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James "Jim" Gamble QPM is a senior British Police officer from Bangor in Northern Ireland. He is the former chief executive of the Child Exploitation and Online Protection Centre (CEOP), a police unit affiliated to the Serious Organised Crime Agency (SOCA) in the United Kingdom. He resigned in October 2010 after the Home Secretary Theresa May's decision to merge CEOP with SOCA and other bodies into a new National Crime Agency. Mr Gamble wanted CEOP to remain independent.
Earlier in his career he was head of the Northern Ireland anti-terrorist intelligence unit in Belfast, then Deputy Director General (with the rank of Deputy Chief Constable) of the National Crime Squad, which in April 2006, merged into the Serious Organised Crime Agency. He was also the head of the RUC's Special Branch.
Gamble led the National Criminal Intelligence Service (NCIS) fight against child sex abuse. He also presided over the controversial Operation Ore. He led the work to set up the National Crime Squad's specialist response cell – the Paedophile and Online Investigation Team (POLIT). He was awarded the Queen's Police Medal (QPM) in the New Year Honours 2008.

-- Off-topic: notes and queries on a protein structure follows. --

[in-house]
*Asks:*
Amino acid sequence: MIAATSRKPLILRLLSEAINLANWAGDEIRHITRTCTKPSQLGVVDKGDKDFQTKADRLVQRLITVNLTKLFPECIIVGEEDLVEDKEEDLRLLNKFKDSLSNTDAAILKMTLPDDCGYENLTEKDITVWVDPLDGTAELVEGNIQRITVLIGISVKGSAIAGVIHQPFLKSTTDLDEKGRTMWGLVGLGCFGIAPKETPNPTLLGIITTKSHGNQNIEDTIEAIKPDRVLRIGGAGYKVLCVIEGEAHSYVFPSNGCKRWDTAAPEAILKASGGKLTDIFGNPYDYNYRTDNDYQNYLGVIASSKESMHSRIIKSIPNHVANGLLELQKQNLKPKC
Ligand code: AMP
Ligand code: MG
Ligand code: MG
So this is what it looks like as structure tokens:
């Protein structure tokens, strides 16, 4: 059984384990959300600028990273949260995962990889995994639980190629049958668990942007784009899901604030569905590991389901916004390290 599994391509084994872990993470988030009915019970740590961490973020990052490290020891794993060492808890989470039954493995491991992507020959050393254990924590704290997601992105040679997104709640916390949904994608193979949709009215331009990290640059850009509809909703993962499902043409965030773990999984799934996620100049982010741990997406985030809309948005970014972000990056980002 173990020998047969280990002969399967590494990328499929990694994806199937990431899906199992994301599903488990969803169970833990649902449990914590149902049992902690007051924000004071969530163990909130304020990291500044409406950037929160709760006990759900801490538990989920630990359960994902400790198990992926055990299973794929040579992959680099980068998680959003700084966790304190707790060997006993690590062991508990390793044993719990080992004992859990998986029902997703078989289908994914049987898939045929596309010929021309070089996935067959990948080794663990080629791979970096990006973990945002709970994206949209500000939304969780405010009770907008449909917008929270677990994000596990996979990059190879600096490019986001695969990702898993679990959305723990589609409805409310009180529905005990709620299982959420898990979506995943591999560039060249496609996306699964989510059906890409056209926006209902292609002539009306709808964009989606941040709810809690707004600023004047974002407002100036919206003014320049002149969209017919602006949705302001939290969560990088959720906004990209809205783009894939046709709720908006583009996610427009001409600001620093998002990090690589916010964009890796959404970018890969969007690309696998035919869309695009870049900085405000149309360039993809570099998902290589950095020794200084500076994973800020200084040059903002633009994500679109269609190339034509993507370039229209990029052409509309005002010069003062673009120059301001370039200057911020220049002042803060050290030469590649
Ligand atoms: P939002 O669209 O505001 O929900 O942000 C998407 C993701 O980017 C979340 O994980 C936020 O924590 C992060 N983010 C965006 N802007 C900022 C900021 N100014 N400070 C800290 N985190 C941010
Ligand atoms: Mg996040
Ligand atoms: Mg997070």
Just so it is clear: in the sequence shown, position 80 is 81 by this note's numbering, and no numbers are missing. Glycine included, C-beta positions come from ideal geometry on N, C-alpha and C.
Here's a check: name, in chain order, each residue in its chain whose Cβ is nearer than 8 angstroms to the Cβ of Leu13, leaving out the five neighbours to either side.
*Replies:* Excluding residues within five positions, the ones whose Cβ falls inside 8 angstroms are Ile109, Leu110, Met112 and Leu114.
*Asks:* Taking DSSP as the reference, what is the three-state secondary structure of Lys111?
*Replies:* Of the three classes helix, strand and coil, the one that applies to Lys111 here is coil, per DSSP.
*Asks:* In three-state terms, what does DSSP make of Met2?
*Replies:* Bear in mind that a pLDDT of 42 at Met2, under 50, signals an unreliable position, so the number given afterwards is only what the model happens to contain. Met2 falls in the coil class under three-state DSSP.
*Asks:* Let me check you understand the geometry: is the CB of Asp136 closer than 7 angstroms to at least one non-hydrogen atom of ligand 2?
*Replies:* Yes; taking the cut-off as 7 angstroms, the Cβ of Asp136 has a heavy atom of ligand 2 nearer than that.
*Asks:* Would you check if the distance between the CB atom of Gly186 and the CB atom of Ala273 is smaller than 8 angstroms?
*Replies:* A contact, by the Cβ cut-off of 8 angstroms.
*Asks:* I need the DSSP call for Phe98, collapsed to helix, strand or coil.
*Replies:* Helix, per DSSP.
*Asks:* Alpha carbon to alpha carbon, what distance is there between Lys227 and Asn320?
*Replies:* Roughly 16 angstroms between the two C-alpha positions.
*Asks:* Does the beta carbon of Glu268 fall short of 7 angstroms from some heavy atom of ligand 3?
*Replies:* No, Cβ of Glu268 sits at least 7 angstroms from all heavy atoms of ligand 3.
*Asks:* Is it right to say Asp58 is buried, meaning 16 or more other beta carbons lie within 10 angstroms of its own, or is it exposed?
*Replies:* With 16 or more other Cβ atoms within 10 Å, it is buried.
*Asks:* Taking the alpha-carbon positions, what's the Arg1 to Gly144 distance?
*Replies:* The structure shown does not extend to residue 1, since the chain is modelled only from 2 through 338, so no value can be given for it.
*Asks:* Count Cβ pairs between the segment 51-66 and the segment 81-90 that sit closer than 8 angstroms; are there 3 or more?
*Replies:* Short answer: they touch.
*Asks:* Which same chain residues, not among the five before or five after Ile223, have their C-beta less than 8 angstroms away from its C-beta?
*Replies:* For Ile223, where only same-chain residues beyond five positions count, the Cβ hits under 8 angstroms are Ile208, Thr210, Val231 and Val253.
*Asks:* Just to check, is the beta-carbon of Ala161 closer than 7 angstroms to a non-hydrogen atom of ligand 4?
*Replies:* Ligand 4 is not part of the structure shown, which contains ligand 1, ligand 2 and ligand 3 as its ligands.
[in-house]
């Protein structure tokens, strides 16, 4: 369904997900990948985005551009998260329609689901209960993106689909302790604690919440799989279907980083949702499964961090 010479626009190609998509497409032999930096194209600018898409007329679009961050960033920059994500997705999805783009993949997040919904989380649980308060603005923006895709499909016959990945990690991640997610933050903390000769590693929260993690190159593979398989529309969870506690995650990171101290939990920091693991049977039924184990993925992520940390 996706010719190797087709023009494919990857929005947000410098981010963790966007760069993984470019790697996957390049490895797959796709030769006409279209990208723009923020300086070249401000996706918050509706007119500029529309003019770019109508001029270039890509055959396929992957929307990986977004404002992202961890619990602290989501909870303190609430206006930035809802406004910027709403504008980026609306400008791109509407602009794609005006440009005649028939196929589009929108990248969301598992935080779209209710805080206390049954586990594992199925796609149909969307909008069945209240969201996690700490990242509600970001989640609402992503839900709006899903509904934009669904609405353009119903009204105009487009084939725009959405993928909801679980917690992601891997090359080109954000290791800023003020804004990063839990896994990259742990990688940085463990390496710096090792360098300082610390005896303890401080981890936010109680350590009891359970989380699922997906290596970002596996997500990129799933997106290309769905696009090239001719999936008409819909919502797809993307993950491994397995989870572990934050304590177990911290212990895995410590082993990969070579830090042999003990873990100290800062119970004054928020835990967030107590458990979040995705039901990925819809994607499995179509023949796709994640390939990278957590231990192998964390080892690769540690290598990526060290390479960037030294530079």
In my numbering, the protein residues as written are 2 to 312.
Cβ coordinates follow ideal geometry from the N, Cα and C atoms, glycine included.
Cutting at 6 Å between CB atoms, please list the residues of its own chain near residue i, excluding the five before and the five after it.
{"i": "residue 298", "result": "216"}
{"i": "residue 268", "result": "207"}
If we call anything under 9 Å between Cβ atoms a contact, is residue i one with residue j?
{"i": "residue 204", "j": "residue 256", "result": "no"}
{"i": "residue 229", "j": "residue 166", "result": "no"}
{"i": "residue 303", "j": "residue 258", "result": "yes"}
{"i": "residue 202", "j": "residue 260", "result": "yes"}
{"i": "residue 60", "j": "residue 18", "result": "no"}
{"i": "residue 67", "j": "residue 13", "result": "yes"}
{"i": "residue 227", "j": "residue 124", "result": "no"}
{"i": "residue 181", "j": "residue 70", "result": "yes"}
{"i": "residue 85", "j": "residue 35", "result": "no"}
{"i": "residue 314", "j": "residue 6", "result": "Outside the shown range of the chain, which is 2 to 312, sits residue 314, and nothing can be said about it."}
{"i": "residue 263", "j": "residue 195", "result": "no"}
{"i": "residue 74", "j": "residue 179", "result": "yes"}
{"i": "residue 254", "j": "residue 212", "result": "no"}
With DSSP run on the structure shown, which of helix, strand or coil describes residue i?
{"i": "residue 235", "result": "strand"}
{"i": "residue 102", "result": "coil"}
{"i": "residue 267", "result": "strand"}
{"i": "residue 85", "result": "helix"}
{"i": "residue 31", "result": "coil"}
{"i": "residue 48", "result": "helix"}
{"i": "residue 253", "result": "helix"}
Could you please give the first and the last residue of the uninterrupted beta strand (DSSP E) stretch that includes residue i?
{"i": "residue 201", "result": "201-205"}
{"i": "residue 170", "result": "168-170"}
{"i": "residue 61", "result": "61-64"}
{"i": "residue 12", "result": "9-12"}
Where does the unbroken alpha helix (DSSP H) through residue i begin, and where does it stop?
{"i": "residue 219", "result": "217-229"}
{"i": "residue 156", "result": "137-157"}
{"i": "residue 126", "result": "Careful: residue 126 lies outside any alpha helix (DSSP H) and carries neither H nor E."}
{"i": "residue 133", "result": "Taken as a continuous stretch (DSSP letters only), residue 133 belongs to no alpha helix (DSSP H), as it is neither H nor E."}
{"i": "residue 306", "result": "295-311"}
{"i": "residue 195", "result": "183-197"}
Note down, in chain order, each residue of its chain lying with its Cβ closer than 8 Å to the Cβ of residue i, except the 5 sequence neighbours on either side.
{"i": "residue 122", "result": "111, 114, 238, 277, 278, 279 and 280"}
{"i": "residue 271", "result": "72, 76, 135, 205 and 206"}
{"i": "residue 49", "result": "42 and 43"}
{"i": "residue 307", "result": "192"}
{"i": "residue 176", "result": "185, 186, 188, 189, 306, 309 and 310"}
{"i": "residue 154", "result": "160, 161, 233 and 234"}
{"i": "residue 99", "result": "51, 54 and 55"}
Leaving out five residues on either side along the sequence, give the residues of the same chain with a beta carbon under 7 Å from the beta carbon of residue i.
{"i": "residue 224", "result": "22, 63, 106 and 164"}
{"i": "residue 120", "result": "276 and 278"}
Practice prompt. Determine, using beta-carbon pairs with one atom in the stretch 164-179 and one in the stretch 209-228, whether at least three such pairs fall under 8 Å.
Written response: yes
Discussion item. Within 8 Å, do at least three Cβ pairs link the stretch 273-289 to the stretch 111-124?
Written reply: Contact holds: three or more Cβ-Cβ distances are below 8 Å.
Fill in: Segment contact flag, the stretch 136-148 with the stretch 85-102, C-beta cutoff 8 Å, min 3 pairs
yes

Gamble was among six candidates shortlisted to succeed Sir Hugh Orde as Police Service of Northern Ireland Chief Constable. The post was vacated by Orde in late 2009. Also in the running were Bernard Hogan-Howe, then chief constable of Merseyside; Jon Stoddart, chief constable of Durham; Paul West, chief constable of West Mercia; and Matt Baggott, chief constable of Leicestershire who was the successful candidate.
- "Police chief shortlist revealed", BBC News, 3 July 2000. Accessed 2009-06-03.
- Israel, Simon (4 October 2010). "Online child protection boss Jim Gamble quits". Channel 4 News. Retrieved 14 May 2013.
- "Crime agency block 'will hamper policing'". BBC News Online. 14 May 2014. Retrieved 14 May 2013.
- The Independent: "Gamble, James, Assistant ch Constable, Serious Organised Crime Agency".
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